When I was living in London, I spent a little over a year running a computer centre for the poor that was located on a large social housing estate there. We had a very nice internet cafe, we taught computer literacy courses for kids and adults and helped people out with problems with immigration, bills and the other myriad problems that life seems to dish out disproportionately to the poor. Part of my job also was fund raising. I never enjoyed that part but it gave me some time and cause to think about corporate responsibility and corporate social responsibility. I was reminded of this topic by a front page article in the Hindustan Times on Friday on a speech given by Prime Minister of India Manmohan Singh in which he laid out “Ten Commandments for Industry” here in India. I have to admit that I’m weirded-out by the idea of a Sikh in a mostly Hindu country using a reference from the Jewish Bible to talk about corporate responsibility but I applaud the notion and I think we in the BPO business would do well to pay attention to it. Here is the list as printed in the paper (click for a full-size version):
I can’t find fault with a single one of these instructions and they seem to me to be entirely appropriate for businesses located anywhere on this flat earth, not just India. I think I would like to talk about each of these at some point, but in this entry I think I’ll just mention the first, “Respect workers and invest in their welfare”.
In Christianity we are taught that the First Commandment, love God with all your heart, soul and mind, is the “Great Commandment”. I will assume that Mr. Singh made respecting workers and investing in their welfare his first commandment on the merit of its relative importance as well and how could there be any more important advice for the call centre business? The organisation I work for has around 8,000 agents, no doubt by this time next month there could be 10,000 and so it goes. If there is anyone in the people business it’s us, just ask our HR department. With so many people in our charge, it is fair to ask what our responsibility to them is and also what is our responsibility to this country, its growth and its welfare.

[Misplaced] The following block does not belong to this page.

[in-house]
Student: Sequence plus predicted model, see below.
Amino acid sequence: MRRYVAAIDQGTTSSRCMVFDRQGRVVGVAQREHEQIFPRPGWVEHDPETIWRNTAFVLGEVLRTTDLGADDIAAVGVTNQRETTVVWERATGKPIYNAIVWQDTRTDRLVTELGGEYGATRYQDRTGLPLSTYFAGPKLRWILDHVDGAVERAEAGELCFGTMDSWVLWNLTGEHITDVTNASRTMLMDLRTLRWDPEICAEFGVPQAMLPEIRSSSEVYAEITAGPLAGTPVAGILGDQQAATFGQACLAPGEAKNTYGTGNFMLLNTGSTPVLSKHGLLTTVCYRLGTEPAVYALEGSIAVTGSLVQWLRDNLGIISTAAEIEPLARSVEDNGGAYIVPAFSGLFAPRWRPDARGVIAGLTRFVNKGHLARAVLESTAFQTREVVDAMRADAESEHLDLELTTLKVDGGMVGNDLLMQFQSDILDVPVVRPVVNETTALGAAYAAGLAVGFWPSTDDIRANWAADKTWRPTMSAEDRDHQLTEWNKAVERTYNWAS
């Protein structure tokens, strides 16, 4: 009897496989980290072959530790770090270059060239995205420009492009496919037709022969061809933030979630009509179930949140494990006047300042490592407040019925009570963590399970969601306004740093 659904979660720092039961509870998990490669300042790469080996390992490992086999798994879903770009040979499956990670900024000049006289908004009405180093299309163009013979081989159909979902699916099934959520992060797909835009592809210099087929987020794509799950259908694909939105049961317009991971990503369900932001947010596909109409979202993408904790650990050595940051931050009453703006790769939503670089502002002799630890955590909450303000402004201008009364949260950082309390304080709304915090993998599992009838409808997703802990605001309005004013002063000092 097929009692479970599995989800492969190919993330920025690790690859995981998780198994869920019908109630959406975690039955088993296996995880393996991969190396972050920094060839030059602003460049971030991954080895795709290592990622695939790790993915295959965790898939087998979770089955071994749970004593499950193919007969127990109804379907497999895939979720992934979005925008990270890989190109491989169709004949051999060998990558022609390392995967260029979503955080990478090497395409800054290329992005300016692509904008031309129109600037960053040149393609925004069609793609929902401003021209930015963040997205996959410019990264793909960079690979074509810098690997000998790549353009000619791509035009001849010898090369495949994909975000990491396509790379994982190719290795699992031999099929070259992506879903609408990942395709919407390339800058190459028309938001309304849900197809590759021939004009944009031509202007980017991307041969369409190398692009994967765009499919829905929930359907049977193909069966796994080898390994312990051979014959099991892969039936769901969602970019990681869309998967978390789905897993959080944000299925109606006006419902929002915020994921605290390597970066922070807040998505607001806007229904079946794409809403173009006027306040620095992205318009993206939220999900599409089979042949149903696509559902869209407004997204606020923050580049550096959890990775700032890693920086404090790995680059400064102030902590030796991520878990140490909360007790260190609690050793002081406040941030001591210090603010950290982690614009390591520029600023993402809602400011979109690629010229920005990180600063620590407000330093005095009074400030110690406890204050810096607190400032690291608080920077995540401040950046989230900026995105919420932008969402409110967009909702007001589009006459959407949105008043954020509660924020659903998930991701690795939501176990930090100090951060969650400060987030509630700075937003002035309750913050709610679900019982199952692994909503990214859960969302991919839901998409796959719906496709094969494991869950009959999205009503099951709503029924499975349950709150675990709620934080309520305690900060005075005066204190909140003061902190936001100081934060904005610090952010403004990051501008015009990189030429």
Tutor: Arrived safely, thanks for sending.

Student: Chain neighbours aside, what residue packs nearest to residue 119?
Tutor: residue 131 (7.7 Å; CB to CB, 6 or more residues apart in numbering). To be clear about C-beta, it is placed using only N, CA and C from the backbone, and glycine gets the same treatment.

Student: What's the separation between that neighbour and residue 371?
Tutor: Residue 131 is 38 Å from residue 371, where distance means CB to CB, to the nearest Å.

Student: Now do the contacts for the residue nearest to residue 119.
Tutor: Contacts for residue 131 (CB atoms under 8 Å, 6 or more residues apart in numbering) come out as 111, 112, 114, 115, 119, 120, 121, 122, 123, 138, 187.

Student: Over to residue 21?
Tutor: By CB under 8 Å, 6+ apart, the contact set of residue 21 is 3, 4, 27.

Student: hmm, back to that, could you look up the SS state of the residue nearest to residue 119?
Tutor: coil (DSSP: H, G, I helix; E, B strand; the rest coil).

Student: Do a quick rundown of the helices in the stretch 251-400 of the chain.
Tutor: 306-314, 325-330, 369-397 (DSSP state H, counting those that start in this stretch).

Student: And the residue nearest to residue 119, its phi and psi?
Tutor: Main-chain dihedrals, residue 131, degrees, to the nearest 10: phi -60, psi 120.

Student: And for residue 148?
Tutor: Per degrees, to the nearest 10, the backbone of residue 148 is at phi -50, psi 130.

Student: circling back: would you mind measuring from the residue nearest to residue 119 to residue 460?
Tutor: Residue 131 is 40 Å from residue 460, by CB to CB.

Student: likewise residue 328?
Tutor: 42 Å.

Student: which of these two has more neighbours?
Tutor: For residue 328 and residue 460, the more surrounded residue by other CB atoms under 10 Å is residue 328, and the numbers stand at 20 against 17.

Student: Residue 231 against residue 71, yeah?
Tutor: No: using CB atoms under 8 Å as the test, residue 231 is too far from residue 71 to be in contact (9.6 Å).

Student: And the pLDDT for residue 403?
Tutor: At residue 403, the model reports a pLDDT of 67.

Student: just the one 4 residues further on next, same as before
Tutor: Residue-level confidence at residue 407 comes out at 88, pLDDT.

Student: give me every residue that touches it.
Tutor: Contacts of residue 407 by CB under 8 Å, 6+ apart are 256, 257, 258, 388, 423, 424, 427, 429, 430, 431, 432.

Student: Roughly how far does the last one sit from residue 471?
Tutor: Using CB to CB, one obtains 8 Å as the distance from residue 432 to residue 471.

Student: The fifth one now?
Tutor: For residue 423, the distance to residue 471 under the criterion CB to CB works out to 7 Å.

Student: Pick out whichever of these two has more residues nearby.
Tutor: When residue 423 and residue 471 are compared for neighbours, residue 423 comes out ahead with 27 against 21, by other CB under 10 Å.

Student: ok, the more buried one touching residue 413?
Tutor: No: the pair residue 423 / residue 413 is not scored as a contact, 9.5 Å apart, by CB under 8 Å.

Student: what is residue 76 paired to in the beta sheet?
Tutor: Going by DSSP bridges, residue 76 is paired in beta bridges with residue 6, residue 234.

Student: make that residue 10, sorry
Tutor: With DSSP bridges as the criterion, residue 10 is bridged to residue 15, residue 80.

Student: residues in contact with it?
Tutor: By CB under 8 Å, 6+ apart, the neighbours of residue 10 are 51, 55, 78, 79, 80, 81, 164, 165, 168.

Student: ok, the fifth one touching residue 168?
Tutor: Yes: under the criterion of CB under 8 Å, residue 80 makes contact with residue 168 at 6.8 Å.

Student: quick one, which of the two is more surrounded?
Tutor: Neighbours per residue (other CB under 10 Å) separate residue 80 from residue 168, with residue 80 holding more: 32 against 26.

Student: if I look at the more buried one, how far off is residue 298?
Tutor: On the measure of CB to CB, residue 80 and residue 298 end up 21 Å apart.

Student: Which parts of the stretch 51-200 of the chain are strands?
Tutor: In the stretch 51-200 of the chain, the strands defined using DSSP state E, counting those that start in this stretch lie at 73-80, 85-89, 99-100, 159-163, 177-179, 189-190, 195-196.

We’ll get to the commandments that have to do with how a company should interact with the external world at a later point, but the way we treat our employees is the first place where we have an opportunity to give something back to this society and at the same time make this a better place for ourselves (I see nothing wrong with a little self-interest in acts of goodness). For those who enjoy hiking, trekking and exploring the wilderness and outdoors, there is a sort of axiom that says, “leave it better than you found it”. It means, for example, that in addition to not leaving your litter behind, when you see someone else has, pick it up so the place is a little nicer and more natural for the next person. Singh’s first commandment, I think, applies this same notion to the thousands of students and young people that work for us (I apologise for the comparison with litter, try and look past it :-). These are the future of India and will bring about great social and economic change as they mature. They won’t work for us long; we hope at least a year or two or three even if we are lucky. But even if is just for a few months, it is our responsibility to add to their skills, add to their understanding of business and add to their maturity as employees and part of “India Inc”. Might they use those skills for our competitors, yes. But they might also use them for our suppliers, our customers or our government who need all the good people and help they can get. And so we benefit too.
There is an even more direct reason why we should be proactively investing in our staff – it’s good for our business. In real estate they say the 3 most important things are location, location and location; in BPOs and Call Centres the three most important things are retention, retention and retention. Why do people stay and why do people go? Well, that’s a complex question but I propose that a huge part of it is whether they perceive they are growing, being challenged and engaged. I’ll further propose that it’s more important than their pay packet. I absolutely know that’s the case for me and for many of the best managers and executives I know. If we invest in our staff, they will repay us by staying with us, it’s like loyalty only more practical.
OK, that’s all on this for now. I would love to be provoked into a discussion about why we should invest in our people just because it’s the right thing to do.